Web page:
Skip to main content

Christian Spirituality: 1 Cor 14v26-40

  • What is the goal of anyone's contribution to a meeting?
  • How are tongues to be exercised?
  • How should prophecy be exercised?
  • How and why should it be tested?
  • What will be women's role in this?
  • Why this role?
  • What is Paul's conclusion to these chapters (v39-40)?
  • What does it mean, from ch12-14 (and in view of ch1-4), to be fitting and orderly?
  • What specific challenges must we take action on from these studies?
Contributing without chaos
Every contribution is to be for strengthening the body. People may bring all sorts of contributions, a song, a word, whatever someone contributes it is not for themselves but for the benefit of the body, for its growth in the gospel, in unity in Christ.

Tongues are limited to two or three and must be translated. Without that the person must be silent... without clarity there is no benefit to the body.

Again, two or three are to share prophecy. Like tongues the gift is under the control of the person exercising the gifts. A prophet prophesies for the benefit of the church not self-seekingly (which would lack love). If another prophecy comes while one is speaking they can step aside - they do not need to have their say, its about hearing God not about hearing them.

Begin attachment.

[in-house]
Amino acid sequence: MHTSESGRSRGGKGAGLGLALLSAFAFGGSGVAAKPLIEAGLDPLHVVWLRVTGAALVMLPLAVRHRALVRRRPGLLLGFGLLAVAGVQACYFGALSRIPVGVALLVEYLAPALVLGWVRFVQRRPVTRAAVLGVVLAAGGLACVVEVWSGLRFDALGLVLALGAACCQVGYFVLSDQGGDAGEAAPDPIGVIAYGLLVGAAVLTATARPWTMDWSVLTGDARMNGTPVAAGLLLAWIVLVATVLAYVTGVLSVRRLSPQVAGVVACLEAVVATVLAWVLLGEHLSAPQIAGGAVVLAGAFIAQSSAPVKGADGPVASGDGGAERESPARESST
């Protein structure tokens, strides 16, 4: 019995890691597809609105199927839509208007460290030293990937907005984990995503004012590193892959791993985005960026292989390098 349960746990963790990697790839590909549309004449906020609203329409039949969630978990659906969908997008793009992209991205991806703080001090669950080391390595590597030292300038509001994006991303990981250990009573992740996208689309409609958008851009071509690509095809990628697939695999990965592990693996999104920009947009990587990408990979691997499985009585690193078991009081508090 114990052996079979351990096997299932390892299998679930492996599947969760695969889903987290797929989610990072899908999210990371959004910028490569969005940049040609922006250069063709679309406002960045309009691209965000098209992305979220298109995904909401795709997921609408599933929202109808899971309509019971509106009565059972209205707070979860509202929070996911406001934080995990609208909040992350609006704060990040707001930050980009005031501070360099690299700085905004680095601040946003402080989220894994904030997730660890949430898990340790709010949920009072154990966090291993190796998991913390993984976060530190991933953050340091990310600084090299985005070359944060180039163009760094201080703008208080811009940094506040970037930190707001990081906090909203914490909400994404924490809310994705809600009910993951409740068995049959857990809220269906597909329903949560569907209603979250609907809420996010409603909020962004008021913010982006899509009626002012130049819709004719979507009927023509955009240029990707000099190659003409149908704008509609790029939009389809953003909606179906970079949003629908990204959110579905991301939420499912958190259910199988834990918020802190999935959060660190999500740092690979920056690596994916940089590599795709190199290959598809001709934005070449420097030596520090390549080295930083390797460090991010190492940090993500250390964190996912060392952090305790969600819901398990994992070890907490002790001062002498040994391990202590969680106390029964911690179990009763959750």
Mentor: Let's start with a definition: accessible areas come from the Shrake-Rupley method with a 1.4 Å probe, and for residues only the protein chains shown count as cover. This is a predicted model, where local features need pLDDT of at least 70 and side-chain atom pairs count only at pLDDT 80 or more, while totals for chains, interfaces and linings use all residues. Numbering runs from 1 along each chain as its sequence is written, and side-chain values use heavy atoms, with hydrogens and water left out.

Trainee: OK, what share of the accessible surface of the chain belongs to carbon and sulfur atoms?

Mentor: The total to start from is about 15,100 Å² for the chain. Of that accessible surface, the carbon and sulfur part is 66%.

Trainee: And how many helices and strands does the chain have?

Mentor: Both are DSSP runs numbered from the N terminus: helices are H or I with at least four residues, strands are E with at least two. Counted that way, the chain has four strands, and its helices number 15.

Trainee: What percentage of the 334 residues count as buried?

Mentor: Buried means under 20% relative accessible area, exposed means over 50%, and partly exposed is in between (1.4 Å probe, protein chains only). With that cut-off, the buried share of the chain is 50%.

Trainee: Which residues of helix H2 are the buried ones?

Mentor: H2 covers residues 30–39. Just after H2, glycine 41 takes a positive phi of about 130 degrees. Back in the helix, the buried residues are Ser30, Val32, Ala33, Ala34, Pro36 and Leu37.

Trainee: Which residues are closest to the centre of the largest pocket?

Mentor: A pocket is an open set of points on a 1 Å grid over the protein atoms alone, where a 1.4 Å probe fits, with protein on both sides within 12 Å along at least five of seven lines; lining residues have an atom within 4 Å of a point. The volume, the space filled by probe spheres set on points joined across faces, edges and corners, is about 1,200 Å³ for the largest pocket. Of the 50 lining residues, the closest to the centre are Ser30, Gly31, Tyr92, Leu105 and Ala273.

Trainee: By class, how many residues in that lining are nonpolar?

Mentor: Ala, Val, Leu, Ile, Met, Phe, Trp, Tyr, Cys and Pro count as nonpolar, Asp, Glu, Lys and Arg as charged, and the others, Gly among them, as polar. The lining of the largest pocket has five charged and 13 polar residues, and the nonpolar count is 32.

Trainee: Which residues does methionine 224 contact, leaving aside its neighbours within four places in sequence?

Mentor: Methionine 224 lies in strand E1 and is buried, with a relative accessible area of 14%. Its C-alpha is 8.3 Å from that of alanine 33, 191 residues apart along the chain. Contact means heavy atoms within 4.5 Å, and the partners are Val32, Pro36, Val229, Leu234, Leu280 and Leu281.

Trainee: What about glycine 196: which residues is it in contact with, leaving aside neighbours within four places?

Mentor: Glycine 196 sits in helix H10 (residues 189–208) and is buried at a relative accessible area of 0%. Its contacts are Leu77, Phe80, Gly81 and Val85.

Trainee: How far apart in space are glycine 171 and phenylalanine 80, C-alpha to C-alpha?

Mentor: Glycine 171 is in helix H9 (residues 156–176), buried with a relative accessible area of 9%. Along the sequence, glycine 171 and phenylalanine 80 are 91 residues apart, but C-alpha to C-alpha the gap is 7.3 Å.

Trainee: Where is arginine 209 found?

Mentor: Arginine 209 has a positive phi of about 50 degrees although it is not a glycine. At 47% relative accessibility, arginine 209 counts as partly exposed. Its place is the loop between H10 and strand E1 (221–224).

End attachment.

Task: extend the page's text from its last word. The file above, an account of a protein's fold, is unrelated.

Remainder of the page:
What is given must be tested by the congregation. This implies that prophecy doesn't have any authority. There is no room for the prophet to attach words like thus says the Lord to their prophecy. They cannot do that. Prophecy needs testing. The authority lies with the congregation who weigh it.

What is it tested against? Scripture, what else! This should remind us that we shouldn't pursue prophecy to the exclusion of doctrinal depth. How can we say we're serious about God's word if we wont study the written word and only pursue contemporary revelation. Churches most serious about prophecy should be the most serious about careful teaching of God's word. Note also that much Old Testament prophecy is rebuke and call to repentance, and is never ego-massaging....

Prophecy is:
  • Gospel-centred - confessing Christ and calling for repentance (though it may also be more specifically directive, from NT example)
  • For the common good to strengthen others faith - the contribution of any Christian to the congregation must be for this purpose (this presupposes the next qualification...)
  • Clear and intelligible. Those who hear it must be able to understand it sensibly in their own language. Faith does not grow by ignorance or merely observing a phenomena.
  • Non-authoritative. It must be tested and weighed by those present (though it would seem not with wives testing their own husbands prophecy, for the sake of order)
  • Given by male or female. It can be given by male or female members of the congregation. The prophet is in control of themselves when speaking and can stop speaking to allow another to speak. Only prophecy given in love is useful so a prophet will be happy to step aside for the good of others.